Josh Marshall is correct of course, and this Megan Mcardle is spouting nonsense. To borrow a phrase I found here and like, McArdle is busying herself scurrying down the road to idiocy.Regarding this tregady, I will try to keep my post secular.Short term; common sense would indicate we should (an could):1-Limit access to military/police grade firearms2-Properly, reasonably tend to the lunatics3-Physically (mechanically) secure school buildings and have a security guard tend the doorLonger term; we should try to figure how we got here, and how we can escape from this nightmare. We should examine what images and ideas we fill our kids and each others heads with. Is our pop culture too violent, too cynical, too graphic? Is there any room for the Ten Commandments or natural law? How about the Golden Rule? If not, what creeds or philosophy should we put in their place? How (maybe ask why?) should we teach goodness, kindess and mercy? What about selfishness; what about sharing? My mother used to tell my brother and me "What sort of person are you? If you can't be kind to a dumb animal, who can you be kind to?" In this case, we could reasonably ask what sort of people we are e.g.; "If we can't be kind to each other; who can we be kind to?"The goal should be something like; given the cultural, technical and financial conditions in which we find ourselves, how can we best tend to our families and improve things via promoting the common good?

Ok. Despite Josh Marshall's uninsightful and unhelpful piece, in my view a lot of McArdle's points are well-taken: that the usual grab-bag of proposed remedies wouldn't have applied to what happened in Newtown (like fewer loopholes on background check requirements, or a ban on assault weapons), and/or wouldn't stop a reasonably dexterous killer (like a ban on extended-capacity magazines), and/or would be unconstitutional (like a ban on all guns, or forbidding the media to report these stories), and/or are wildly unrealistic (like a ban on all guns), and/or are unconstitutional and incredibly cruel and wildly unrealistic (like locking up everyone with mental illnesses), and/or some combination thereof.That doesn't mean that nothing should be pursued. It's just that ideas like the ones that McArdle debunks, should be debunked. Sorry if that upsets people. But y'all are the ones who have rushed to remedies. Until someone thinks of some good ones, there might be wisdom to accommodating oneself to the reality that there are no quick legislative fixes to what happened in Newtown, and then going on from there.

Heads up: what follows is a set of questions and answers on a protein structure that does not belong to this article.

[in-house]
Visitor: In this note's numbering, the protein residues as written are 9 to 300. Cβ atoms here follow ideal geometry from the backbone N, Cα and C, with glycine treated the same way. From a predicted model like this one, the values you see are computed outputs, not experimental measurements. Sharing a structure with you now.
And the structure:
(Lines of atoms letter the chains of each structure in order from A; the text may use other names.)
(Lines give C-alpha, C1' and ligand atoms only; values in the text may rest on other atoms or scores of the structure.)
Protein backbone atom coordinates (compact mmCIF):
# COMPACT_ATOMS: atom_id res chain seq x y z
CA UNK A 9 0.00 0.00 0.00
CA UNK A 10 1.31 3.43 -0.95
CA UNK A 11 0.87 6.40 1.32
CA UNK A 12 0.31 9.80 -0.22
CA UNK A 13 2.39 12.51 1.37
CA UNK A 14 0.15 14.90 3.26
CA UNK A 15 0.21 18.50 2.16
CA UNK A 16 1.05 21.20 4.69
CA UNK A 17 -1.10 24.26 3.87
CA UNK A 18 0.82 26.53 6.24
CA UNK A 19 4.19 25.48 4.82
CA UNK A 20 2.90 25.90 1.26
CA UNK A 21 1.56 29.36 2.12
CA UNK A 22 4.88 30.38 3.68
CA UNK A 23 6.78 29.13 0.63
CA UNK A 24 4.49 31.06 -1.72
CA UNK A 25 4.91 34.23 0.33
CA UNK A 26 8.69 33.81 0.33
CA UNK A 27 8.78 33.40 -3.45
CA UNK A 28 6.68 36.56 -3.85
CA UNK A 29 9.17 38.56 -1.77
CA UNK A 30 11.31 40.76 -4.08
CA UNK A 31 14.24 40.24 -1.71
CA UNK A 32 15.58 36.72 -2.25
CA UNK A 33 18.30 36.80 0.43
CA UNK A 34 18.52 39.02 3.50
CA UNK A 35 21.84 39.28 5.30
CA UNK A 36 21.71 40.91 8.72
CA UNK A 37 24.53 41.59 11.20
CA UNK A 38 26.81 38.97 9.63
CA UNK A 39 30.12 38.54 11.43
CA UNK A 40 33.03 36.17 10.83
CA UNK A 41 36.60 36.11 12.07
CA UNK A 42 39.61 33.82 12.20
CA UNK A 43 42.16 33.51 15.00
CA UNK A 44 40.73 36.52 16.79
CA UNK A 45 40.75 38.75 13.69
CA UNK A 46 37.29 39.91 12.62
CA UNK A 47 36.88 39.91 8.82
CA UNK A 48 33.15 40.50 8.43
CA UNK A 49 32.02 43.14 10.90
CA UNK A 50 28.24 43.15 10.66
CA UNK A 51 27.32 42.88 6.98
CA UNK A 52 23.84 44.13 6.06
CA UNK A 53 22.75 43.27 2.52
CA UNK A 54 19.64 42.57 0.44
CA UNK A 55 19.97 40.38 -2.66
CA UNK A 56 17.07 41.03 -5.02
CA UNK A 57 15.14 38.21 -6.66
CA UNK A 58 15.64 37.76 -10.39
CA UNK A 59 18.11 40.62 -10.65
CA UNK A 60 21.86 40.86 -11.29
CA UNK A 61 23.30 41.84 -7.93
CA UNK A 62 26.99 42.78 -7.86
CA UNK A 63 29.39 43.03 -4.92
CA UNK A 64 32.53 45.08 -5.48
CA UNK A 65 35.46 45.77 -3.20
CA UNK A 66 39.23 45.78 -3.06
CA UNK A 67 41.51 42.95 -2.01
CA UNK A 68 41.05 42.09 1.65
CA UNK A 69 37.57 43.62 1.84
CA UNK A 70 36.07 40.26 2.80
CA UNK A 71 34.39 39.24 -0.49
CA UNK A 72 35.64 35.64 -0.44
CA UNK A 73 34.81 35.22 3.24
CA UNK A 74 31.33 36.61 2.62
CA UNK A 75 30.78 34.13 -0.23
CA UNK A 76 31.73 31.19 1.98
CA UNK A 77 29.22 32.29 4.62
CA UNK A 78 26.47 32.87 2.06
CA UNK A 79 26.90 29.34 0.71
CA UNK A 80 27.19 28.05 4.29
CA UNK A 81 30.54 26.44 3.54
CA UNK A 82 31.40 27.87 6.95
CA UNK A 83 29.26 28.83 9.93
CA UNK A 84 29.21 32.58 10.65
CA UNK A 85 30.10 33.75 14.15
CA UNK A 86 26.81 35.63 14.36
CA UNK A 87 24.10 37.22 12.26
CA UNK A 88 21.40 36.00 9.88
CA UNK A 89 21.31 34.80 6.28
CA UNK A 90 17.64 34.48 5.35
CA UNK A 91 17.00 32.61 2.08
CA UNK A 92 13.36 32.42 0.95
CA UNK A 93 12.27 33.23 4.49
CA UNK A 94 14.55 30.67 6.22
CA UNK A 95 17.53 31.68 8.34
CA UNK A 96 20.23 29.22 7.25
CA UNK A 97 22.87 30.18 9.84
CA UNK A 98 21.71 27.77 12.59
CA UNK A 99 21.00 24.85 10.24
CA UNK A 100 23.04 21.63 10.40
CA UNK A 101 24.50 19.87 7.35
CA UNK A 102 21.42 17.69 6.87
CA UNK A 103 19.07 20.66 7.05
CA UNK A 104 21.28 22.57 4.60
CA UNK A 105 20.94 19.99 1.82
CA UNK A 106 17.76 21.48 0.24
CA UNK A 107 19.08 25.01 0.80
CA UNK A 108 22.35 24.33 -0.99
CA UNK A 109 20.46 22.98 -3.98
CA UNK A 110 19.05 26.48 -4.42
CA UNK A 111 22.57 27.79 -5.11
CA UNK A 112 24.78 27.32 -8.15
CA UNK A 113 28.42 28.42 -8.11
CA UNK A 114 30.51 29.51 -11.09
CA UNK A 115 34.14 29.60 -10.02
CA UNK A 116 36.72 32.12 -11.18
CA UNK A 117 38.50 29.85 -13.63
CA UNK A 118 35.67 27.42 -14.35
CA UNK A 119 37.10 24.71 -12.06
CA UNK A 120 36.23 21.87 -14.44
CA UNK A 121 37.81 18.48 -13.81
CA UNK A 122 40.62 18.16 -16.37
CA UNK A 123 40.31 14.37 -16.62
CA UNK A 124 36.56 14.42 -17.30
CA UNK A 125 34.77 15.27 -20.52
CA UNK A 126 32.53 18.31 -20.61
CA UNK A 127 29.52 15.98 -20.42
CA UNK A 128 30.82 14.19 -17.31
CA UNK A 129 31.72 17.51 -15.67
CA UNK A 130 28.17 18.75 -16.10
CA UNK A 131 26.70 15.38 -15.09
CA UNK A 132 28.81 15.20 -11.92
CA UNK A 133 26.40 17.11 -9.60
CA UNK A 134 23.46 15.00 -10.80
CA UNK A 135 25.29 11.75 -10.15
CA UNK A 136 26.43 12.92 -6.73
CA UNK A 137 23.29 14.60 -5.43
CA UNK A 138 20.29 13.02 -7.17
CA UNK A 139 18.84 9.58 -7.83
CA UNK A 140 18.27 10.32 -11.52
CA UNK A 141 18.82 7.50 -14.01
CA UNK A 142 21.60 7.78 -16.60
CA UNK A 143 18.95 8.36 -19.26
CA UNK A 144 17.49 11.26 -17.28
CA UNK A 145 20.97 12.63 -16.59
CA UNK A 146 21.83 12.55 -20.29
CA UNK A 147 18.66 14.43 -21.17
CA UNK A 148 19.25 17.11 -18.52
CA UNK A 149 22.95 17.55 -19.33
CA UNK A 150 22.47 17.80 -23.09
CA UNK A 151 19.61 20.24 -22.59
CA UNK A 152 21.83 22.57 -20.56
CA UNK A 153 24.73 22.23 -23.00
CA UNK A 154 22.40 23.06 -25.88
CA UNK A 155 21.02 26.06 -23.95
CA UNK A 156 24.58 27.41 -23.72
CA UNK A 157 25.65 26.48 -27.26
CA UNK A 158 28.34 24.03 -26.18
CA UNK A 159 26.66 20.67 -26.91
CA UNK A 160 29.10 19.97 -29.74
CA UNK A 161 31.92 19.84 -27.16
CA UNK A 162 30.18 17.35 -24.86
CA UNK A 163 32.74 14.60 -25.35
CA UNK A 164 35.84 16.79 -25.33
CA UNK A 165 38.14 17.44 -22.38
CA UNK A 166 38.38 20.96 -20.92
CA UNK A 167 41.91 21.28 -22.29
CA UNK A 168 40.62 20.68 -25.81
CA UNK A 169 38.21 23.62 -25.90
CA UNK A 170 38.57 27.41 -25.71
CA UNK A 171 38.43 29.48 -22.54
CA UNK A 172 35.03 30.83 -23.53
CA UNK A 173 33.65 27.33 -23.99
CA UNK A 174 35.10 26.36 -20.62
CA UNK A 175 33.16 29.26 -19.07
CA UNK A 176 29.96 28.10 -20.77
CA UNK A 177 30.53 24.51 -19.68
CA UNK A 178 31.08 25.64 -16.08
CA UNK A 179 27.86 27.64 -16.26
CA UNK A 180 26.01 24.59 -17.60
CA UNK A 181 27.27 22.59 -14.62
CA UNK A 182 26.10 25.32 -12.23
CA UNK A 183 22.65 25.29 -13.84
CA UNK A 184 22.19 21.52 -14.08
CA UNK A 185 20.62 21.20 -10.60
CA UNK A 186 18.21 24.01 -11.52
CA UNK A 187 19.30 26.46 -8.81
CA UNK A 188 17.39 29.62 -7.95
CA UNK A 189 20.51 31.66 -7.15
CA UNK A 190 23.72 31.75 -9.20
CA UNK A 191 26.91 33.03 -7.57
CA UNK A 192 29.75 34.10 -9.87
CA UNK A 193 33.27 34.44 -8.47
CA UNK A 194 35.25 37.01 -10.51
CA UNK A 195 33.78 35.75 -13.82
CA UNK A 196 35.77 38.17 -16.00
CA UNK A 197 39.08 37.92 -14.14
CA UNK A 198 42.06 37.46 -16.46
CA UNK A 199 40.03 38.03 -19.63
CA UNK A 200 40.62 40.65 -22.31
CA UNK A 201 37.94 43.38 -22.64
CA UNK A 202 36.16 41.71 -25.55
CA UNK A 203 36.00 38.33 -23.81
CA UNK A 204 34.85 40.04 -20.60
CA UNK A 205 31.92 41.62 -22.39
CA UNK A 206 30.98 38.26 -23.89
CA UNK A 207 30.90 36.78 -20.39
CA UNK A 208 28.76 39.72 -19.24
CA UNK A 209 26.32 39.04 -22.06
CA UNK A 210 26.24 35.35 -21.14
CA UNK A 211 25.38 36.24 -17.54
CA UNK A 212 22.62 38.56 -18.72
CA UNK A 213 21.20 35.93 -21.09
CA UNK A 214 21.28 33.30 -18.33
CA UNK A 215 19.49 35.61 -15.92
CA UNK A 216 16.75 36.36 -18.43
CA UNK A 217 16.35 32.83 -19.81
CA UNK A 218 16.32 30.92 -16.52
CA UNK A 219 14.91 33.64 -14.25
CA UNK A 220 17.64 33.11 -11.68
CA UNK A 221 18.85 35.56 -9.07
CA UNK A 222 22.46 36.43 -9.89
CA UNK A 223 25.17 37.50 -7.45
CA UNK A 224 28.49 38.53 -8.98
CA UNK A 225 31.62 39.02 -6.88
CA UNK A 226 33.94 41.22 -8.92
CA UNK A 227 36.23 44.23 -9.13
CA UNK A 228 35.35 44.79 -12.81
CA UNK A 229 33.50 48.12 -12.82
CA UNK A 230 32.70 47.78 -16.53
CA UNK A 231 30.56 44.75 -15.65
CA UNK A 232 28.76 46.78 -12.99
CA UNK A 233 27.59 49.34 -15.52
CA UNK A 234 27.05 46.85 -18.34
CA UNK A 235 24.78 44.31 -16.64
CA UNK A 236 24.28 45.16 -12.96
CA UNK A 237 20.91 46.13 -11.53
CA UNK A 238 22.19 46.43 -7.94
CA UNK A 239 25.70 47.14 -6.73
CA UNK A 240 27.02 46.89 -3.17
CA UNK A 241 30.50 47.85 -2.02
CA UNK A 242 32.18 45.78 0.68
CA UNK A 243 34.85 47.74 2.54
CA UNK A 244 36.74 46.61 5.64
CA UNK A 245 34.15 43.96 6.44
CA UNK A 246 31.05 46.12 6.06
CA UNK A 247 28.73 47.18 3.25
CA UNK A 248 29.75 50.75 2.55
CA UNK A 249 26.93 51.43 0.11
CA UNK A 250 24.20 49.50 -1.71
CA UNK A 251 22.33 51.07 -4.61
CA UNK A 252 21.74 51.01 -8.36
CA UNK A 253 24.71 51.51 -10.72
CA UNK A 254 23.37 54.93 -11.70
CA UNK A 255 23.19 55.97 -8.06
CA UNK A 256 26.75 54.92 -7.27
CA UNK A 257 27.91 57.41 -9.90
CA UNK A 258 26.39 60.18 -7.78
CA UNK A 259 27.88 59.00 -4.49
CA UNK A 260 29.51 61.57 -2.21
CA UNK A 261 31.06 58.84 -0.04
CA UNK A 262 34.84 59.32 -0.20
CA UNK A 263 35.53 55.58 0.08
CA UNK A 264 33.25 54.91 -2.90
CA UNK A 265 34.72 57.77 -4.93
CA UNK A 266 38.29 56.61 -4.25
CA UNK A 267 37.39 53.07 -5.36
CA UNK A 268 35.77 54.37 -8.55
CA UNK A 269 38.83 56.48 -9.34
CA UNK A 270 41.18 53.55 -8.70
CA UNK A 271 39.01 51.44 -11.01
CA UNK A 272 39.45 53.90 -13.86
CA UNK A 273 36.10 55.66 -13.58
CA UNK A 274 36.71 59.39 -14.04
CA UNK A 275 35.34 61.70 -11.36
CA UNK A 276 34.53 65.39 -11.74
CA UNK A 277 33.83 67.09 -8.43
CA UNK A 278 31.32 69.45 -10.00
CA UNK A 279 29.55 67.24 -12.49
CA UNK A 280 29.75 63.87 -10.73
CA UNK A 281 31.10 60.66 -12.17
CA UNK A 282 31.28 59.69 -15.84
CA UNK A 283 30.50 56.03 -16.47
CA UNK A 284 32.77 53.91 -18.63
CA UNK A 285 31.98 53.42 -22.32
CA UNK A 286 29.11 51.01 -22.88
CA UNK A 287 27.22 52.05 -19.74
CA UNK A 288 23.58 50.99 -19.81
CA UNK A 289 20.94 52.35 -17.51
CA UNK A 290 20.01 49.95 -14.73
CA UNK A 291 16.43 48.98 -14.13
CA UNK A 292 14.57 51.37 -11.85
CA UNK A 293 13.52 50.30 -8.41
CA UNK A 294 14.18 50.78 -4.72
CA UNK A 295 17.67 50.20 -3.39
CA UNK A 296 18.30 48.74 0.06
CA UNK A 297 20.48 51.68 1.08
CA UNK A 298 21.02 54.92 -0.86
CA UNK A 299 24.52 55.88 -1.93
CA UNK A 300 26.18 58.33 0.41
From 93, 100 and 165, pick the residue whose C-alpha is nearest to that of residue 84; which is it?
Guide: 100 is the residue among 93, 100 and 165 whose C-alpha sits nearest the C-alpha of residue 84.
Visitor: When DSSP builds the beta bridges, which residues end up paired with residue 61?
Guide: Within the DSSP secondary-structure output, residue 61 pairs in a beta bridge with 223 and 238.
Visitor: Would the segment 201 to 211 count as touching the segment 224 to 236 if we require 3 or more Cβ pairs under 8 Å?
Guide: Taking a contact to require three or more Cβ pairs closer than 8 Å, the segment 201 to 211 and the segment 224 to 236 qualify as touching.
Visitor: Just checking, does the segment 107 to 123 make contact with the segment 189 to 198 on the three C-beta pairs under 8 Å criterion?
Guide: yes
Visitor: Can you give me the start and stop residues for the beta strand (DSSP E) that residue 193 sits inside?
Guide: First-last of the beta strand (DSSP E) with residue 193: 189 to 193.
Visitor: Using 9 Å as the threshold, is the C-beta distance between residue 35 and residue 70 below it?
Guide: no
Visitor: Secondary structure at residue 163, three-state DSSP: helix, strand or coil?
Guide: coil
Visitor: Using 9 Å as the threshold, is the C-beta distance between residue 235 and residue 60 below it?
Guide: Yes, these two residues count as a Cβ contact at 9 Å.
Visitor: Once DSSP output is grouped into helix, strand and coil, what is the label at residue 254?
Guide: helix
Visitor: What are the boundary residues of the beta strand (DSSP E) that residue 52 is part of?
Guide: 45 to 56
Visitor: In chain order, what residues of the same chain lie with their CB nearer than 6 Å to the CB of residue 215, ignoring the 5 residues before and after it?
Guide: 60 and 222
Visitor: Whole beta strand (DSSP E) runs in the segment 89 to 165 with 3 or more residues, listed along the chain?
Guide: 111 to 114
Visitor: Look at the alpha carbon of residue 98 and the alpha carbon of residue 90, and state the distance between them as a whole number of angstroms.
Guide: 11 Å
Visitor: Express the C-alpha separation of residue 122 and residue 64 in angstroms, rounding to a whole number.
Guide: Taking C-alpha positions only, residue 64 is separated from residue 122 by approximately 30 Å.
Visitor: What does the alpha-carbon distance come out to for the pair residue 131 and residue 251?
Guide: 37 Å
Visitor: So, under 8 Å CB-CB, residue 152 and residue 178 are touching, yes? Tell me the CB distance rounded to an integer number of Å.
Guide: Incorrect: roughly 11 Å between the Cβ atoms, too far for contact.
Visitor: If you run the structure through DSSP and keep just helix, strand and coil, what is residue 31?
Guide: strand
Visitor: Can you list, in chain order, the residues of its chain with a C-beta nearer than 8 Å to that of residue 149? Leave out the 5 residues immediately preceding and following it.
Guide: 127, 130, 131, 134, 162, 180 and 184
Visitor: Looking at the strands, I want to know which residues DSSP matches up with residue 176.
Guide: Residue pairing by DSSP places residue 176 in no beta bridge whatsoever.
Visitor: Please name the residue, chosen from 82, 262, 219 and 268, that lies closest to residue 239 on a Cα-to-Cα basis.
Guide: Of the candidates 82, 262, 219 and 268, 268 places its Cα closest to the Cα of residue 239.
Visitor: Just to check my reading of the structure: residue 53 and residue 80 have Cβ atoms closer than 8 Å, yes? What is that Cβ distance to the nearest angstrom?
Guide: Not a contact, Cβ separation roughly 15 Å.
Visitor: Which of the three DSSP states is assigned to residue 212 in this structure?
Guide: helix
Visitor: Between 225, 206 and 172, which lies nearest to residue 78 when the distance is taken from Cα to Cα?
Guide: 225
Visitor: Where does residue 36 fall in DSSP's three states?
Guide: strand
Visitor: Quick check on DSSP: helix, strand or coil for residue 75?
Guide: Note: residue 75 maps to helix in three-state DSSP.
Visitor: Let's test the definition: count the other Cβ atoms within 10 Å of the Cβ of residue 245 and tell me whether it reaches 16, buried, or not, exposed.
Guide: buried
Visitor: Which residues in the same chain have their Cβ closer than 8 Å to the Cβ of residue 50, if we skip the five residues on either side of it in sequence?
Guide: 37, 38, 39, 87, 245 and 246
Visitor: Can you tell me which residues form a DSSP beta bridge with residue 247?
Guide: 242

Uninsightful? He has her dead to rights. For the love of all that's holy, Jim, read this right now:http://www.washingtonpost.com/blogs/wonkblog/wp/2012/12/18/a-better-targ...

Jim McCrea:Could be genetic. But my father hated sarcasm, while I have always had that tendency. Maybe you're on to something. Or not...

Jim McCrea's comments about my posts have induced me to temporarily drop the irony and briefly list my dream scenario for dealing with scum and lunatics with weapons threatening our children:All school teachers and administrators required by law to1) Be trained and certified to carry, at all times during school hours, handguns of sufficient firepower to take down a threat person.2) Take part in periodic training in threat scenarios.3) Be trained to shoot to kill any threat person, not to try to take into custody that threat.4) In-class children and teachers to be trained to respond to threat scenarios.Our society is in a war not only with terrorists but also with various mental cases. The mother of the shooter knew she had a mentally unstable son, and chose to train him as a shooter.

Because this is so much more logistically feasible than passing a real assault weapons ban, or putting more cops on the street. I suppose we should train our movie-theater attendants to become lethal weapons too? This is one of the worst ideas I've heard all week. Right after training our kids to throw themselves at gunmen.